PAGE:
The primary Taiwanese news agency Central News Agency (CNA) recently reported that Liu Yuguang, a mainland China scholar on Buddhism, warned that the Chinese Communist Party (CCP) uses Buddhism as a diplomacy tool in order to expand its influence over Southeast Asian governments.
Liu Yuguang, an associate professor at the School of Philosophy, Fudan University, Shanghai, made these remarks at a lecture on Buddhism that the Institute of East Asian Studies of National Chengchi University held in Taiwan.
According to Liu, the CCP is attempting to legitimize its claim that China is a “Buddhist power” by touting the fact that the total number of Buddhist believers in mainland China exceeds those in other Southeast Asian countries. Also, since Buddhism in India has declined, the CCP has been promoting China as the “new motherland of Buddhism.” It is part of the CCP’s internal propaganda that “Buddhism is the Chinese people’s religion,” which is used to stoke nationalism. However, although the CCP provides some breathing space for Buddhism, it is a quid pro quo. “I let you live, so you have to serve me.”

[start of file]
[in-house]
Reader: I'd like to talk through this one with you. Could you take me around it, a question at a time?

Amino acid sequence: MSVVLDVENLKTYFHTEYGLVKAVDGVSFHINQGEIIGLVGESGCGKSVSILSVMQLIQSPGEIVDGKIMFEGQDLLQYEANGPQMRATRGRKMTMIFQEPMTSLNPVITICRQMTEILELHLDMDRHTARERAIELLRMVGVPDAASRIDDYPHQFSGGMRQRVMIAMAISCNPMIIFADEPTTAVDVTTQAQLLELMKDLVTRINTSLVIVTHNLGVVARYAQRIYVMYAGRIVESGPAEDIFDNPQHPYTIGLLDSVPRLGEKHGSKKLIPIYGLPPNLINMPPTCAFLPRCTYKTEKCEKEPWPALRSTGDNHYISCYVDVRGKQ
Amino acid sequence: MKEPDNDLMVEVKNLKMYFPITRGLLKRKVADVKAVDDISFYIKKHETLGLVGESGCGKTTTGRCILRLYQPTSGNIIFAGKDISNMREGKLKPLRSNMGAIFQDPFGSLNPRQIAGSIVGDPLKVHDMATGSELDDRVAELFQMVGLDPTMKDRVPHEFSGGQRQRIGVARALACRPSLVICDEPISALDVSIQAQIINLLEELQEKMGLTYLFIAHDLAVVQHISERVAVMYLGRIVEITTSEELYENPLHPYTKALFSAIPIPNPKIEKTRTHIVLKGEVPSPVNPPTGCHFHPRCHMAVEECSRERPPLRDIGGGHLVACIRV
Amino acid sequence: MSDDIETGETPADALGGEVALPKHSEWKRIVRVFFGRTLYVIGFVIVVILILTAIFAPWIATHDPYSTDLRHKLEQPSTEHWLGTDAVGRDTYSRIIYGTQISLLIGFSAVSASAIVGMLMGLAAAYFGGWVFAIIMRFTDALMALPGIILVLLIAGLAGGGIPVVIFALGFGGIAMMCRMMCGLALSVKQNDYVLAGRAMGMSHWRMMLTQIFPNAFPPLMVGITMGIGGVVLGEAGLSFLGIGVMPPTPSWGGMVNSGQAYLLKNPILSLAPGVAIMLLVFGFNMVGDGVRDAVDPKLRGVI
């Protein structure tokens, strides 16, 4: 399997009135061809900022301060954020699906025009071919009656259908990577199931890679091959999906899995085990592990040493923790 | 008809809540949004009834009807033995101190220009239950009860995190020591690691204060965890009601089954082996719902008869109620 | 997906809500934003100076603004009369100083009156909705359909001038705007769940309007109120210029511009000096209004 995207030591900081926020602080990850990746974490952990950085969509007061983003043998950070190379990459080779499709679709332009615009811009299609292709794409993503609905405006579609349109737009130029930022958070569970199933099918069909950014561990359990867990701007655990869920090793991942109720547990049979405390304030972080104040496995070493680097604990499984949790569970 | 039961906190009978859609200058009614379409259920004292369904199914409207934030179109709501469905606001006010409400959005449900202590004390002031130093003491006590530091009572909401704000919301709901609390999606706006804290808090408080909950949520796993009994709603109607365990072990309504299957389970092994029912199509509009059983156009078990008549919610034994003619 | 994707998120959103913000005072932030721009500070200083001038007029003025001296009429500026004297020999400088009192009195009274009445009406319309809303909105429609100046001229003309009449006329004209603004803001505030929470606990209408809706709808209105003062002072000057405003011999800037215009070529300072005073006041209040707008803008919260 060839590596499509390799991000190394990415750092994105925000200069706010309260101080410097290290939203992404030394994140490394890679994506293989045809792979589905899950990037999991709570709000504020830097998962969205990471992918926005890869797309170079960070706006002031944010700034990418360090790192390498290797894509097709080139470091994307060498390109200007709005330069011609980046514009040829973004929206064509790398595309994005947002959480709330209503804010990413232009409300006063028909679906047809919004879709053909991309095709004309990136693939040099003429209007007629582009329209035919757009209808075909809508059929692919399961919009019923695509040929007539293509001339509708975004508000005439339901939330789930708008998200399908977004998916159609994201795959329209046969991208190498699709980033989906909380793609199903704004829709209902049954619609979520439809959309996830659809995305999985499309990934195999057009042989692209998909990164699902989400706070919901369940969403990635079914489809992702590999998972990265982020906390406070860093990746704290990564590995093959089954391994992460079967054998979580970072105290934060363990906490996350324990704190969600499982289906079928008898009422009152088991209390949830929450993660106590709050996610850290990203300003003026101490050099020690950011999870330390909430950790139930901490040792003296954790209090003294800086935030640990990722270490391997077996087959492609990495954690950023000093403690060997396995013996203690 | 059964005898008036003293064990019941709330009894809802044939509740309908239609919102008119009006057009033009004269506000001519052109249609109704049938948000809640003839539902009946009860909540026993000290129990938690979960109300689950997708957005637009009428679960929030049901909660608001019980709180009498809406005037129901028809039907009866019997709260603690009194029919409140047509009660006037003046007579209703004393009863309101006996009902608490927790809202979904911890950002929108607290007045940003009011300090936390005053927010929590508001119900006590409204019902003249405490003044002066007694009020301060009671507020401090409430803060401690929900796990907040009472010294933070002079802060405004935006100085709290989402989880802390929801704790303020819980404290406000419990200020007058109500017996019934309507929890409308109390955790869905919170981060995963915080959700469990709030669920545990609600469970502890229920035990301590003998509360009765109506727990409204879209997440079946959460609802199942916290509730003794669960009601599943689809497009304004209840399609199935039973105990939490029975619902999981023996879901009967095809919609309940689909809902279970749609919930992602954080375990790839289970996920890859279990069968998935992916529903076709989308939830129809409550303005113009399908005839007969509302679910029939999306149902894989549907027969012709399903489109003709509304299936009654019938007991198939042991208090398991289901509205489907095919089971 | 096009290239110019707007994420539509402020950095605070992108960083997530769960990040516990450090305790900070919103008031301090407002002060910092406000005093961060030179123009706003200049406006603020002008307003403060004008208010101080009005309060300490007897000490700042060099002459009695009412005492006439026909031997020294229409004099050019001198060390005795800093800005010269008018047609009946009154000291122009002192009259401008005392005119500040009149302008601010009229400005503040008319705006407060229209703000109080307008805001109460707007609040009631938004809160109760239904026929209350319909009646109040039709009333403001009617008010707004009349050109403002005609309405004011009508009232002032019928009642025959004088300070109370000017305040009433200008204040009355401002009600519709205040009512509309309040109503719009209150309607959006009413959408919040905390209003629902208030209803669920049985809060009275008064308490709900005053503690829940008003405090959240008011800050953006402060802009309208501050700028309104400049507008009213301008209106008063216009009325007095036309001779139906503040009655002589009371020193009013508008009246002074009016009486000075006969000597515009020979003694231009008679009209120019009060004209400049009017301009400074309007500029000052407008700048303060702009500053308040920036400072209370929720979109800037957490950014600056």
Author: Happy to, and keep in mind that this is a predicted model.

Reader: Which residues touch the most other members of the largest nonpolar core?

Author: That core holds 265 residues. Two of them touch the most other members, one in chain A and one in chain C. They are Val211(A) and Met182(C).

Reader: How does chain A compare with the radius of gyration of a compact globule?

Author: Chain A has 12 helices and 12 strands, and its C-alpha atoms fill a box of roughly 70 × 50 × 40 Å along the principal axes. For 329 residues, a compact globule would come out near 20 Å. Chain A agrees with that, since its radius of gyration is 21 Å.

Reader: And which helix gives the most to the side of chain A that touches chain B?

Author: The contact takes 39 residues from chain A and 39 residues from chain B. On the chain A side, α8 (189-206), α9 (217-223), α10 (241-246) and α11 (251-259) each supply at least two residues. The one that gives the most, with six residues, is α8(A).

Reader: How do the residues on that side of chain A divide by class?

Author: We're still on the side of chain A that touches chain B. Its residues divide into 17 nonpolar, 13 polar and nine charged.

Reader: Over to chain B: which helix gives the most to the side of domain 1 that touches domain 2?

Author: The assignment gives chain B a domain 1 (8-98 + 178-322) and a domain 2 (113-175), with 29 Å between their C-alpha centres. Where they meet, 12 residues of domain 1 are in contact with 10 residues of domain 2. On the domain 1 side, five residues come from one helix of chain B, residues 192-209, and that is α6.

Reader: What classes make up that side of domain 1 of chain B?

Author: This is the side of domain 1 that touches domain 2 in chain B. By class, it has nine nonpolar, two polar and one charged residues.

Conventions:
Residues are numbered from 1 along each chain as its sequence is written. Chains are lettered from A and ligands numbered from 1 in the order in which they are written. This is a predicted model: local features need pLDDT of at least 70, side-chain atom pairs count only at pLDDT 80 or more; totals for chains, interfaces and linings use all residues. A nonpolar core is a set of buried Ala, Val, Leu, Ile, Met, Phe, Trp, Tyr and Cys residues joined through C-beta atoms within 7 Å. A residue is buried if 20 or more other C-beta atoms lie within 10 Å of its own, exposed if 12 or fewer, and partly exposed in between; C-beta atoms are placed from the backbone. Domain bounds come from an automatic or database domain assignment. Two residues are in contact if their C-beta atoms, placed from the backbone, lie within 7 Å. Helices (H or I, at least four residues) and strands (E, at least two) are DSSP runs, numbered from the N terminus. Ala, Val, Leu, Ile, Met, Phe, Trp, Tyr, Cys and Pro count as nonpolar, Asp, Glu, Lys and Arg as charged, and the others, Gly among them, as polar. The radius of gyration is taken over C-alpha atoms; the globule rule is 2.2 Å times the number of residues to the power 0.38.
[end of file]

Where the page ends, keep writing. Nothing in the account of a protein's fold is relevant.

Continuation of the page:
While domestically, the CCP views religions as a national security matter, such as subversion, secession, and religious terrorism, it has not neglected turning Buddhism into a diplomacy tool for foreign relations.
According to Liu, the CCP has realized that Confucius Institutes outside China have failed as a large-scale foreign propaganda tool because people think that “after all, they [Confucius Institutes] are merely about Chinese.” To expand the CCP’s influence effectively, it has turned to Buddhism as a propaganda tool in its attempts to influence Southeast Asian countries’ believers in Buddhism and their governments. Because Buddhism is practiced throughout Asia, the CCP believes that using Buddhism in its diplomacy will eventually help influence the Asian governments.
For example, the CCP has established religious educational institutions in mainland China such as the Nanhai Buddhist Academy on Hainan Island. The purpose is not to offer training to domestic religious communities but to attract monks from Southeast Asian countries such as Cambodia and Laos. The religious educational institutions help the CCP cultivate relationships with Southeast Asian countries and ultimately use religion to influence political circles in Southeast Asian countries and to lobby and promote bilateral relations on terms favorable to China.
Source: CNA, April 1, 2021.